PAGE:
I also derived a little script, which can be used once the laptop is set up, to block all non-Tor data-output completely. This version of the script has an option, which will deliberately allow for some DNS leaks if uncommented.

 


#!/bin/bash

# Let's save typing and confusion with variables
IPTABLES=/sbin/iptables
DNSSERVER=`cat /etc/resolv.conf | grep nameserver | awk -F ' ' '{print $2}'`

$IPTABLES -F OUTPUT

$IPTABLES -P OUTPUT DROP

$IPTABLES -A OUTPUT -j ACCEPT -m owner --uid-owner debian-tor
$IPTABLES -A OUTPUT -j ACCEPT -o lo

$IPTABLES -A OUTPUT -j ACCEPT -p udp -d 192.168.2.0/24
$IPTABLES -A OUTPUT -j ACCEPT -p tcp -d 192.168.2.0/24

# if [ -n "$DNSSERVER" ] ; then
#     $IPTABLES -A OUTPUT -j ACCEPT -d ${DNSSERVER}/32
# fi
    
# $IPTABLES -L -v


 

The following line can be added to ‘‘:

 


DNSPort 53

 

which will cause Tor to act as the DNS-server remotely, not from the visibility of the local machine. Then, we can designate ‘127.0.0.1’ to be our DNS-server, to which end we can also give the command

 


chattr +i /etc/resolv.conf

 

To prevent our DNS-server assignment from being overwritten. Obviously, these two configuration options are mutually exclusive.

Dirk

(Edit 12/25/2016 : ) One peculiarity that will exhibit, once we have installed , is that certain behaviors of the client application are altered, in ways that are deemed ‘safer’ in a potentially-hostile data-environment, from how we normally expect email-clients to be set up.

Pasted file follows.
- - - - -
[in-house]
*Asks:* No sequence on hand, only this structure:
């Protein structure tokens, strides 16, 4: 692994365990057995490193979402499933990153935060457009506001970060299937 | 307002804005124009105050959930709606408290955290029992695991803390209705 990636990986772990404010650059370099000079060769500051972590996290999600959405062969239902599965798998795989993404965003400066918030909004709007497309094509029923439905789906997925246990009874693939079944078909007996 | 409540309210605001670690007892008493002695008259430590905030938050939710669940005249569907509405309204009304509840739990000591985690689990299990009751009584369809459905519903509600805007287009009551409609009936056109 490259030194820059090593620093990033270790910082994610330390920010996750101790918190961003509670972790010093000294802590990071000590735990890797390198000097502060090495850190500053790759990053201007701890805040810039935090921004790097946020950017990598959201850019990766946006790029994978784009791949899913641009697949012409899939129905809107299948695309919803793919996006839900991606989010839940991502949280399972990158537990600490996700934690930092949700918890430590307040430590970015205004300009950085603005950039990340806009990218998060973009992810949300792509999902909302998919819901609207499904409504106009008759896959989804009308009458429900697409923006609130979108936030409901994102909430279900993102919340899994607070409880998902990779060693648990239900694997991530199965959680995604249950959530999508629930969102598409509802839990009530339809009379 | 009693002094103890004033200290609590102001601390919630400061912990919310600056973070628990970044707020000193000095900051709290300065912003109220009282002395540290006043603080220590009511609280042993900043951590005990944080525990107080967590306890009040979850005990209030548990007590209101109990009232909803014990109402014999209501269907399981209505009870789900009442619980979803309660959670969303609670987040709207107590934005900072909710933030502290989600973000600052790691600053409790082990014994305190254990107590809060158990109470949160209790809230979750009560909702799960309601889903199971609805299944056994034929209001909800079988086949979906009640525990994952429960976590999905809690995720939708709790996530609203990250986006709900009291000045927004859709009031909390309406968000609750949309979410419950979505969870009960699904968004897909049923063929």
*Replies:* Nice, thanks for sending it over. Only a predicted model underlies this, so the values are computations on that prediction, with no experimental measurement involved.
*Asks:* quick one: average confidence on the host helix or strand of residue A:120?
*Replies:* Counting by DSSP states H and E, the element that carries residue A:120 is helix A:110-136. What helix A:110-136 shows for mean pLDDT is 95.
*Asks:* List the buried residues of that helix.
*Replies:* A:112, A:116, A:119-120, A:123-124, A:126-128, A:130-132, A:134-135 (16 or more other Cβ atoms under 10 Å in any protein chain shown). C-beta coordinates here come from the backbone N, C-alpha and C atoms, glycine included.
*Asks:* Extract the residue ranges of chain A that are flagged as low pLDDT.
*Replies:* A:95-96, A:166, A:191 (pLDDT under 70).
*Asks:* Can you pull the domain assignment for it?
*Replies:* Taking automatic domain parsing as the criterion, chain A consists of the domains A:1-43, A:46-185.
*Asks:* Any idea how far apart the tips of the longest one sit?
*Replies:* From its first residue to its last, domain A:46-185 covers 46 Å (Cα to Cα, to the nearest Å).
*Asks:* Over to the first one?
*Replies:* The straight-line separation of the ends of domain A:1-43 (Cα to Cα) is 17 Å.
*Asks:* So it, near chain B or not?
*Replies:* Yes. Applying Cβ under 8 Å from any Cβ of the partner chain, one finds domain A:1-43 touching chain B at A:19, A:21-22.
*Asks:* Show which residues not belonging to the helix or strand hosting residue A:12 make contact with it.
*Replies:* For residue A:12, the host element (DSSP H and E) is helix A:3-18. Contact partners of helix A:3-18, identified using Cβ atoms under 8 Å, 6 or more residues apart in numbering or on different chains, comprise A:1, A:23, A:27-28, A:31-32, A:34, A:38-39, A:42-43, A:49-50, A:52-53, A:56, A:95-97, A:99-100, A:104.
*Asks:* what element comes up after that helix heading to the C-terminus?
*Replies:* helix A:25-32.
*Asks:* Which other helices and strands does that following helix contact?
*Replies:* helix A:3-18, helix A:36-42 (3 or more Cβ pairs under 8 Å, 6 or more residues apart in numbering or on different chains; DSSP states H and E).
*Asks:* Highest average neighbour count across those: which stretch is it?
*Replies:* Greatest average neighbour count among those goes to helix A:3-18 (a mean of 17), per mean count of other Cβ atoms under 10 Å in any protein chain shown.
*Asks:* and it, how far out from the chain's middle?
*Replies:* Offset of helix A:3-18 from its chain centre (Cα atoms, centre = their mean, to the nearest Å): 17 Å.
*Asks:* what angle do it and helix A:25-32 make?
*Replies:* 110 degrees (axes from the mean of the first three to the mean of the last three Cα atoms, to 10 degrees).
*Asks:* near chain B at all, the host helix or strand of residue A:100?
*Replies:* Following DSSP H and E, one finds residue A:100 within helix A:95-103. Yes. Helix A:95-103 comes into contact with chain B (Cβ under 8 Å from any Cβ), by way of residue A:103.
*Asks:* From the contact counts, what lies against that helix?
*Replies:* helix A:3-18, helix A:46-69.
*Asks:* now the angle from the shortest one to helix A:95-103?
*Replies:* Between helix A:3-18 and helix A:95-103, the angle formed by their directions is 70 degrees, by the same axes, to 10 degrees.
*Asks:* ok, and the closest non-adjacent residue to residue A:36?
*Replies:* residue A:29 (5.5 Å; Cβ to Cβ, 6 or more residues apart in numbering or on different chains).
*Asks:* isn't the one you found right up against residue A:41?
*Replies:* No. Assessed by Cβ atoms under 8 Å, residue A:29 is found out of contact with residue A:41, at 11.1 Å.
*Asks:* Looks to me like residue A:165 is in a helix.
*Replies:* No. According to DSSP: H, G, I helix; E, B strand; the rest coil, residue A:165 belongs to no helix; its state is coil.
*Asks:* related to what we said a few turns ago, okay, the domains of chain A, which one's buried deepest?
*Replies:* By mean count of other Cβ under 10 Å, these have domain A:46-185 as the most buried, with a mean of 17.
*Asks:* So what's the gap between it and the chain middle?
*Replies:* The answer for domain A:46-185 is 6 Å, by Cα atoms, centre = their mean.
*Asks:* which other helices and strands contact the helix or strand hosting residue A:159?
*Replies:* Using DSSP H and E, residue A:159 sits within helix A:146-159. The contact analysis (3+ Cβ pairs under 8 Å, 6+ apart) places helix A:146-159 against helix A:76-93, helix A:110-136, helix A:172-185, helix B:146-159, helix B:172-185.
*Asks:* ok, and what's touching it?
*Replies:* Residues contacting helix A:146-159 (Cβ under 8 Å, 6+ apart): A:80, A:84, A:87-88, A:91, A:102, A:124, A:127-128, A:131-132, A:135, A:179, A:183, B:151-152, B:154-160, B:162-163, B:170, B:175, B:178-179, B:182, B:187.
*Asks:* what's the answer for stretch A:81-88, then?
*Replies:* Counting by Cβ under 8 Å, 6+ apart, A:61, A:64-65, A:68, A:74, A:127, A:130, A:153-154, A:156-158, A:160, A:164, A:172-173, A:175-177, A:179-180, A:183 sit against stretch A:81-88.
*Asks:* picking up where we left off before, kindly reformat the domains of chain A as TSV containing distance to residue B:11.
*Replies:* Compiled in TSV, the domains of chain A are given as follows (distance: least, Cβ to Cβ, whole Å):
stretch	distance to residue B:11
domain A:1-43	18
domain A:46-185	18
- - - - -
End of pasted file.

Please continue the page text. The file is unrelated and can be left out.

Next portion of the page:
One of the numerous altered behaviors, is that once we have started the email client, it will no longer go directly to the Inbox of our default email account, when that is the account. I made lengthy efforts to change this behavior in the GUI, and observed with each restart of the application, that my changes were ignored. In fact, if is as well-managed as I imagine they are, some of their data-specialists might be scratching their heads, as to why this one registered user is connecting so many times in a row, and doing so repeatedly via Tor, and not sending or receiving any emails.

This one problem can be solved, by going into ‘‘ , and Searching specifically for settings. There is one which needs to be set to True, if we want to go directly to our Inbox when started.

Under Windows, this settings window can be found under ‘‘ .

There is another changed behavior which is truly ‘safer’, which is to prefer that a message be displayed at first in plaintext, even if an HTML version is available. This is a setting which belongs to , and if we do change it, during the next restart of the application, will just change it back again.

Normally, we change this from the GUI, from the ‘‘, as we like, thus affecting the same settings in the . If there is an HTML version available, we can still choose to view it once. Only, what we expect from , is that any changes we make to this setting will be remembered. Now they will not.